Braddock, Cornwall

From Wikipedia, the free encyclopedia
Jump to: navigation, search

Coordinates: 50°25′48″N 4°35′20″W / 50.430°N 4.589°W / 50.430; -4.589

Braddock
Cornish: Brodhek
Braddock is located in Cornwall
Braddock
Braddock
 Braddock shown within Cornwall
Population 124 (Civil Parish, 2001)
OS grid reference SX162620
Civil parish Broadoak
Unitary authority Cornwall
Ceremonial county Cornwall
Region South West
Country England
Sovereign state United Kingdom
Post town LISKEARD
Postcode district PL14
Dialling code 01579
Police Devon and Cornwall
Fire Cornwall
Ambulance South Western
EU Parliament South West England
UK Parliament South East Cornwall
List of places
UK
England
Cornwall
St. Mary the Virgin, Braddock

Braddock (Cornish: Brodhek) is a village and (by the name of Broadoak) a civil parish in Cornwall, England, United Kingdom. The village is situated about seven miles west of Liskeard, and five miles south-east of Bodmin.[1]

Broadoak parish is rural in character and is well wooded, especially in the north. According to the 2001 census, the parish had a population of 124. The hamlets of West Taphouse and Trewindle are in the parish.[2]

Parish Church[edit]

The ecclesiastical parishes of Braddock and Boconnoc have been united since 1742. Braddock church is dedicated to St Mary the Virgin: the earliest parts of the building are Norman but an aisle and a tower were added in the 15th century.[3] The font is Norman and there are many good examples of woodcarving in the church: these include the bench ends, part of the rood screen, wagon roofs, an Elizabethan pulpit and two carved panels perhaps of the 18th century.[4]

Braddock Down battle[edit]

The Battle of Braddock Down was a battle of the English Civil War which occurred on 19 January 1643 and was a crushing defeat for the parliamentarian army. Sir Ralph Hopton, 1st Baron Hopton's royalist forces had been camped the night before the battle at nearby Boconnoc and were surprised when, in the morning on breaking camp, their vanguard of dragoons encountered enemy parliamentarian cavalry already deployed on the east side of Braddock Down. General Ruthvin, the parliamentarian commander, had been unwilling to wait for the Earl of Stamford’s reinforcements to arrive at Liskeard and, perhaps wishing to claim the expected defeat of Hopton as his own, had marched out to challenge the royalist army.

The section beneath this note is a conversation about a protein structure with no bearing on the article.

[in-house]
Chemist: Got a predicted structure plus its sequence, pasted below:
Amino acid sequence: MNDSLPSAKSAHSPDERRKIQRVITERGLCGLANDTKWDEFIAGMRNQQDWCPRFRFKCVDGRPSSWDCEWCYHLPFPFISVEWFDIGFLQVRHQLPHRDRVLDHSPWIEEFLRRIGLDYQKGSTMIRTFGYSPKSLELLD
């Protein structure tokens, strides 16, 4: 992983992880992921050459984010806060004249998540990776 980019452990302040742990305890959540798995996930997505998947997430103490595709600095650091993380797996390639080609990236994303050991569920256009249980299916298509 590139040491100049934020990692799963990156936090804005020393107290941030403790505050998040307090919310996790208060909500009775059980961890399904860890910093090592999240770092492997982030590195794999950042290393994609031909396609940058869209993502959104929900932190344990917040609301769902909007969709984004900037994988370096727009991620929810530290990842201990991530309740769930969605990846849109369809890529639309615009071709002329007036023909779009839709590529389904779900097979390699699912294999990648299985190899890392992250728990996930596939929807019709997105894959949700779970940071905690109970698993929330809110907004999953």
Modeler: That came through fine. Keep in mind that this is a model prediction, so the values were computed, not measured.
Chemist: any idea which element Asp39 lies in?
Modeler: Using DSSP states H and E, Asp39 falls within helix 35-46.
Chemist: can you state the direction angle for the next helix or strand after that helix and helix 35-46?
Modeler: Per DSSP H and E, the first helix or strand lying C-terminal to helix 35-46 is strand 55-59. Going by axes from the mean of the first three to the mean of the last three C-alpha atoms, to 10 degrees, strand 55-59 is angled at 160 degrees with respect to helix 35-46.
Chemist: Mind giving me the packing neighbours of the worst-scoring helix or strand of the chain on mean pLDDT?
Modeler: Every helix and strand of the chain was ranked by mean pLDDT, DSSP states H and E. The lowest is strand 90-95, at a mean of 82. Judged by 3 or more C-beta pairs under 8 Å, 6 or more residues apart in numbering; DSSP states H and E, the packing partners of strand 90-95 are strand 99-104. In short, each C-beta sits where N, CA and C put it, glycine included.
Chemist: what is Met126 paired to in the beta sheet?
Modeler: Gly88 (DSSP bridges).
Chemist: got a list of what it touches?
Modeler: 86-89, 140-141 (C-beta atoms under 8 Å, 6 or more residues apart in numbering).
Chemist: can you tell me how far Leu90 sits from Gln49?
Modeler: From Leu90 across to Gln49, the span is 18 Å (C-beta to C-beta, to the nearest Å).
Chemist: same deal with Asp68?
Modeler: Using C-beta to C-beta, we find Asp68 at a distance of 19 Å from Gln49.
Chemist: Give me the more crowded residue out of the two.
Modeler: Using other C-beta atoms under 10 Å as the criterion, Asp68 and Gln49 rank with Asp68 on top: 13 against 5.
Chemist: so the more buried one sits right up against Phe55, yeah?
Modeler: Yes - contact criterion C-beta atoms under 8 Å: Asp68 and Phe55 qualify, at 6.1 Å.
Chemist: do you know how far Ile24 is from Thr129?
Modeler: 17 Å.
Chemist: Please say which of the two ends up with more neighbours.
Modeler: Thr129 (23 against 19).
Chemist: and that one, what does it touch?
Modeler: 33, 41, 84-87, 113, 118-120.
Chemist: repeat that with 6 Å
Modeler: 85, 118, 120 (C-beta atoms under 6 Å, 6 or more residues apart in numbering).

Braddock Down was in terms of scale a battle, but in terms of action was in some senses little more than a skirmish. The defeat of the parliamentarians was achieved with apparently little effort to the Royalists but at great cost to the enemy. Cornwall was placed back under Royalist control and Hopton’s reputation was secured.

There is some dispute over the exact location of the battlefield. The traditional site is partly within the parkland of Boconnoc, partly under pasture. Although the Down was open common grazing land at the time of the battle, the land to the west around Braddock church appears already to have been enclosed by 1643. There one can see examples of the typical Cornish hedges, stone faced banks surmounted by hedges, that bounded such enclosures in the 17th century. Today, access to the site is difficult because there are no public footpaths and the roads that traverse the battlefield are narrow with high hedges.

References and further reading[edit]

Braddock Primary School, East Taphouse
  1. ^ Ordnance Survey: Landranger map sheet 201 Plymouth & Launceston ISBN 978-0-319-23146-3
  2. ^ Cornwall; Explore Britain
  3. ^ Cornish Church Guide (1925) Truro: Blackford
  4. ^ Pevsner, N. (1970) Cornwall; 2nd ed. Penguin Books, pp. 45-46

External links[edit]

Media related to Braddock, Cornwall at Wikimedia Commons